Adams himself appears not to have regarded his defeat in 1828 as a tragedy. When his Quincy neighbors elected him to the House of Representatives in 1830, he proceeded to throw himself heart and soul into
As congressman, John Quincy Adams was the stuff of legend. He spoke truth when he said of his congressional years, "I shall be as I have been—a solitary." But the stubbornness, devotion to principle, willingness to go it alone, and the seeming indifference to hostile critics that had availed him so little when he occupied the White House, served to make him the center of attention and controversy when he sat in the House of Representatives. Where his presidential performance earned him contempt or disdain, his congressional labors won him either bitter opposition or enthusiastic acclaim, but never indifference.
The lofty principle he now championed was antislavery. In fairness to his total congressional record, it must be said that Adams was a heroically conscientious representative, actively participating in debate on issues ranging from tariffs and banking to crucial foreign policy controversies. He was awarded the sobriquet Old Man Eloquent for a nationalistic speech urging military appropriations during the war crisis with France of the mid-1830s. But his claim to a place in the pantheon of Congress rests almost entirely on his twin campaigns to win congressional acceptance of the antislavery petitions he presented in behalf of his constituents (and other Americans) and to end the "gag rule" under which the House regularly voted to table petitions bearing on slavery or its abolition.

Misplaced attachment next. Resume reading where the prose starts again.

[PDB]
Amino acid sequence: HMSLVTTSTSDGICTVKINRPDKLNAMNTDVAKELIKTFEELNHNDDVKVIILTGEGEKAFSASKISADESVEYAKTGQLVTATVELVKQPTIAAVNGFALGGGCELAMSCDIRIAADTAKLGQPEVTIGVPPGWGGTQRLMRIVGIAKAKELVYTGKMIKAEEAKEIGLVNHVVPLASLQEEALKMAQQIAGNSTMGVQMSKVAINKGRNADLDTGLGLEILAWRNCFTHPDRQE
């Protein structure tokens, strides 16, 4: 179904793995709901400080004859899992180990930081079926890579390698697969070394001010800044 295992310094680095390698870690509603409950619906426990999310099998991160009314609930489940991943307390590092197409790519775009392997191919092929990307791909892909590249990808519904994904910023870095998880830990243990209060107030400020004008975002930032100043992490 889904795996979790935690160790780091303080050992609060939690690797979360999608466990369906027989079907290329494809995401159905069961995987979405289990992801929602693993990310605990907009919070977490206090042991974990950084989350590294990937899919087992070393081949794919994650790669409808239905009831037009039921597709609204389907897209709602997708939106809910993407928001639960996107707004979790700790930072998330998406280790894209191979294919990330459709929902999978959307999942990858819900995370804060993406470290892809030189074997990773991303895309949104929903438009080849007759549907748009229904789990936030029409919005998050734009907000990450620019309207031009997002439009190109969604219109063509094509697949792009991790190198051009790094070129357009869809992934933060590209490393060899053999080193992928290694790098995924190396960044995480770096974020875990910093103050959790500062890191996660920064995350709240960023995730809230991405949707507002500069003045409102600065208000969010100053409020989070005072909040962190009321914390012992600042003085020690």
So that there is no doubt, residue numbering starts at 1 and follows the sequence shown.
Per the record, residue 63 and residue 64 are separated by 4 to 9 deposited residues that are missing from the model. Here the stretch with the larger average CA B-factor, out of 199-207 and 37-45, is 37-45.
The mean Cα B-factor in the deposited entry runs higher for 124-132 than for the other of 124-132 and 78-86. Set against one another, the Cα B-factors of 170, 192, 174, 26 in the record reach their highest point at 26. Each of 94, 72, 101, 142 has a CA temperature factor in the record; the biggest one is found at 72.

Commencing on 9 January 1837, when he presented an antislavery petition in behalf of 150 women from his district, Adams persisted in his one-man campaign in behalf of thousands of subsequent petitioners, year after year defying votes to table, insults, censure resolutions, and even death threats until finally, on 3 December 1844, the House passed a resolution rescinding the gag rule. Although he had for a while been decried by abolitionists because of his opposition to what he felt was the impractical goal of an immediate, uncompensated end to slavery, Adams ultimately won the respect of almost all persons who believed as did he that slavery was "a sin before the sight of God." He died dramatically after he suffered a stroke almost immediately after voting on 21 January 1848 to oppose a resolution thanking military officers for their services during what he regarded as the proslavery Mexican War. He lapsed into a coma and died on 23 February 1848.
Adams' onetime political opponent, Martin Van Buren, called him honest and incorruptible, the least venal of men. The praise may be justified, but it has, of course, done nothing for the reputation of the Adams administration. Undervalued in his own time, Adams' service to the nation as president continues to be undervalued in the present age. It is a disquieting testimony to our scale of values that honoring, as we do, political "success" achieved at whatever price and for whatever small or unlovely purposes, we continue to be indifferent to great integrity and devotion to lofty principles displayed by our highest officeholders—even when their failures seem largely to have been due precisely to their manifestation of these admirable qualities.